ST. LOUIS -- Tuesday wasn't the first time a no-hitter just narrowly slipped through right-hander Michael Wacha's hands.
Last March, Wacha carried a perfect game into the eighth inning for Texas A&M against Pepperdine. He retired his first 21 batters before an error after a dropped third strike allowed the first runner to reach base. Wacha lost his no-hitter on the next at-bat as an infield single bounced off his glove.
The 22-year-old rookie said the didn't get much sleep Tuesday night, still riding the high and fielding texts and phone calls hours after his near no-hitter.
"It was just an incredible night. Just thinking about it, it was just unbelievable," Wacha said. "Just the plays guys were making behind me and you know, the stuff that I had and the way [catcher Yadier Molina] was working back there. It was just unbelievable."
One thing he was trying not to think about, however, was what would have happened had he not instinctively tipped, and slowed, Ryan Zimmerman's sharp ground ball.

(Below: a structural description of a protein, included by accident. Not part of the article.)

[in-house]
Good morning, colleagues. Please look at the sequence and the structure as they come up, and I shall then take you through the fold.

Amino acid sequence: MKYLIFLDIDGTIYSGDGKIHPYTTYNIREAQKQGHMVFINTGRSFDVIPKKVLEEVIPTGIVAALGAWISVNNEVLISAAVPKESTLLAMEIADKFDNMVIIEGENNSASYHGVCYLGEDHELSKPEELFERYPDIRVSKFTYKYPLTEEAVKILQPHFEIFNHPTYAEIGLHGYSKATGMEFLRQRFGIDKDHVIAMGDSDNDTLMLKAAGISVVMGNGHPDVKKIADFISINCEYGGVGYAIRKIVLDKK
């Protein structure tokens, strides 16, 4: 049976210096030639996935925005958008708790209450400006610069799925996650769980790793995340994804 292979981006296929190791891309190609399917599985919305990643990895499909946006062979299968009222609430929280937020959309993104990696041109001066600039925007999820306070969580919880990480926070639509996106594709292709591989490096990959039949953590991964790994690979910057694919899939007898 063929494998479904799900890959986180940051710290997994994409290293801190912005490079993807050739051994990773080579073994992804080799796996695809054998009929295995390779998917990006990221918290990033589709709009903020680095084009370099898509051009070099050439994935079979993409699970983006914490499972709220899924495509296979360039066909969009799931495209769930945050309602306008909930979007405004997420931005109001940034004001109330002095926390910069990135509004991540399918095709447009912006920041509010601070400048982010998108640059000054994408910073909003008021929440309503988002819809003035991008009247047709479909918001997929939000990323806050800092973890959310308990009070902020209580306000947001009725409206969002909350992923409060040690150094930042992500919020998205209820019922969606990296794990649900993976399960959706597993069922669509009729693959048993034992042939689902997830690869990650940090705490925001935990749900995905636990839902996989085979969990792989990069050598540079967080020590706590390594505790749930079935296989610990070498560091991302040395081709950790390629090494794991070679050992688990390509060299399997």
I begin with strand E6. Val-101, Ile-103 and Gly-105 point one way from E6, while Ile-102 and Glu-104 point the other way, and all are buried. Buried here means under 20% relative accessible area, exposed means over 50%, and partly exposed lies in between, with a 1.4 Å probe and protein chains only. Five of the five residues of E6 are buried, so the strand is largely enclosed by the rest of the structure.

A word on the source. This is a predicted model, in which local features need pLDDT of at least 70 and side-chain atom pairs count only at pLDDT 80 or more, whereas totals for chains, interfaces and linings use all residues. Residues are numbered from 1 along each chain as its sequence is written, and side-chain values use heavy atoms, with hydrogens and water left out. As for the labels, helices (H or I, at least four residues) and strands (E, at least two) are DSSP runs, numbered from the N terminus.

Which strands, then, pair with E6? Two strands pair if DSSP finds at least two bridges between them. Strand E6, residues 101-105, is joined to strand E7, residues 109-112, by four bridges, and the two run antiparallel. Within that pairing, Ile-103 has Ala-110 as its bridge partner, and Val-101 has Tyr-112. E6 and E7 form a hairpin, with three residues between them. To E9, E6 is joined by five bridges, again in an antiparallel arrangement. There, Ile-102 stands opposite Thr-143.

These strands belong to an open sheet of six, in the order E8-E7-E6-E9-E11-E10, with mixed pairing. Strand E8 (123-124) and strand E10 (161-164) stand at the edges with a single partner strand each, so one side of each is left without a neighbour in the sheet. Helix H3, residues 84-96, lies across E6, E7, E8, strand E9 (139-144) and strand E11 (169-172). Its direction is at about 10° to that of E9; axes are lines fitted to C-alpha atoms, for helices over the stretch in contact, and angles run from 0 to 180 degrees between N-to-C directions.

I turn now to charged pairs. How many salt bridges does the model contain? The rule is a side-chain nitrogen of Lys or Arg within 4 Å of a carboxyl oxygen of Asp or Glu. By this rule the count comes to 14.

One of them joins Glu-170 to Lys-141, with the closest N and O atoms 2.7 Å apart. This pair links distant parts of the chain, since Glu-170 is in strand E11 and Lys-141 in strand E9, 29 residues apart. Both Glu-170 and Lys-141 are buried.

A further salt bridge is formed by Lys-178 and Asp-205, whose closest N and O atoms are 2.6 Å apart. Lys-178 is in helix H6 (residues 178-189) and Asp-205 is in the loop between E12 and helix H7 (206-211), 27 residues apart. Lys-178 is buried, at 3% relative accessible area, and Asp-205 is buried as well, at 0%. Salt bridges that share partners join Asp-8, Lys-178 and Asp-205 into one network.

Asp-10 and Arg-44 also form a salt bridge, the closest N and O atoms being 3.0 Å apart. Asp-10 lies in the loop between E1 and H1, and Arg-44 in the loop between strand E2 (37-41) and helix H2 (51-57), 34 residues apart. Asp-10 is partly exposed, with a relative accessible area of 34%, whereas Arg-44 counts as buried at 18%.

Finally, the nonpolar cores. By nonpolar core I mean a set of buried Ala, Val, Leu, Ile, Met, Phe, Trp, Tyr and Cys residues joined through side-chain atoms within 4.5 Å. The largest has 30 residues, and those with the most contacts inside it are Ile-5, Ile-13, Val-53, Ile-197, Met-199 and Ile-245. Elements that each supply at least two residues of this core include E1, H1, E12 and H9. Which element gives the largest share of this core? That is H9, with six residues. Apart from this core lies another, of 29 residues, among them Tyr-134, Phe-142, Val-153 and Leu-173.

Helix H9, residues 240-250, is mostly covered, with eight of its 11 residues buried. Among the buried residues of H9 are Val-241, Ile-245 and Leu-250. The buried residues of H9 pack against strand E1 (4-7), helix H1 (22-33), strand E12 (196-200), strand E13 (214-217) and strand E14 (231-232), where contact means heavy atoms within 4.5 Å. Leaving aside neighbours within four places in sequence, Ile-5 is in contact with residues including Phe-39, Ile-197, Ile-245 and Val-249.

"It was perfectly placed," Wacha said. "I guess it was just meant to be."
Wacha may have been the odd man out of the postseason rotation, but on Tuesday, he certainly pitched himself at least into the conversation. Though it was Wacha's last scheduled start, Cardinals manager Mike Matheny didn't rule out the rookie making another in October.
"We continue to have these young players thrown into these big situations, and they continue to show us that they're for real," Matheny said. "Not that we doubted Michael or any of the others, but you put them in tough situations, and I've seen guys a lot of the time not respond like you saw him respond [Tuesday]. I think it just says a lot about him, and that gives us a reason to be encouraged and excited."
Being just over a year removed from pitching collegiately, Wacha's workload has been closely monitored this season. Matheny said he was comfortable allowing Wacha's pitch count to reach a career-high 112 pitches Tuesday. Wacha has tossed 64 2/3 innings in the big leagues this season and 85 with Triple-A Memphis.
"We were on a balancing act the whole time -- is he going to get enough work and then is it too much?" Matheny said. "It was push and pull all at the same time, which it has been for all of our young guys, but we're happy with where he is right now."
Jenifer Langosch is a reporter for MLB.com. Read her blog, By Gosh, It's Langosch, and follow her on Twitter @LangoschMLB. Chad Thornburg is an associate reporter for MLB.com. This story was not subject to the approval of Major League Baseball or its clubs.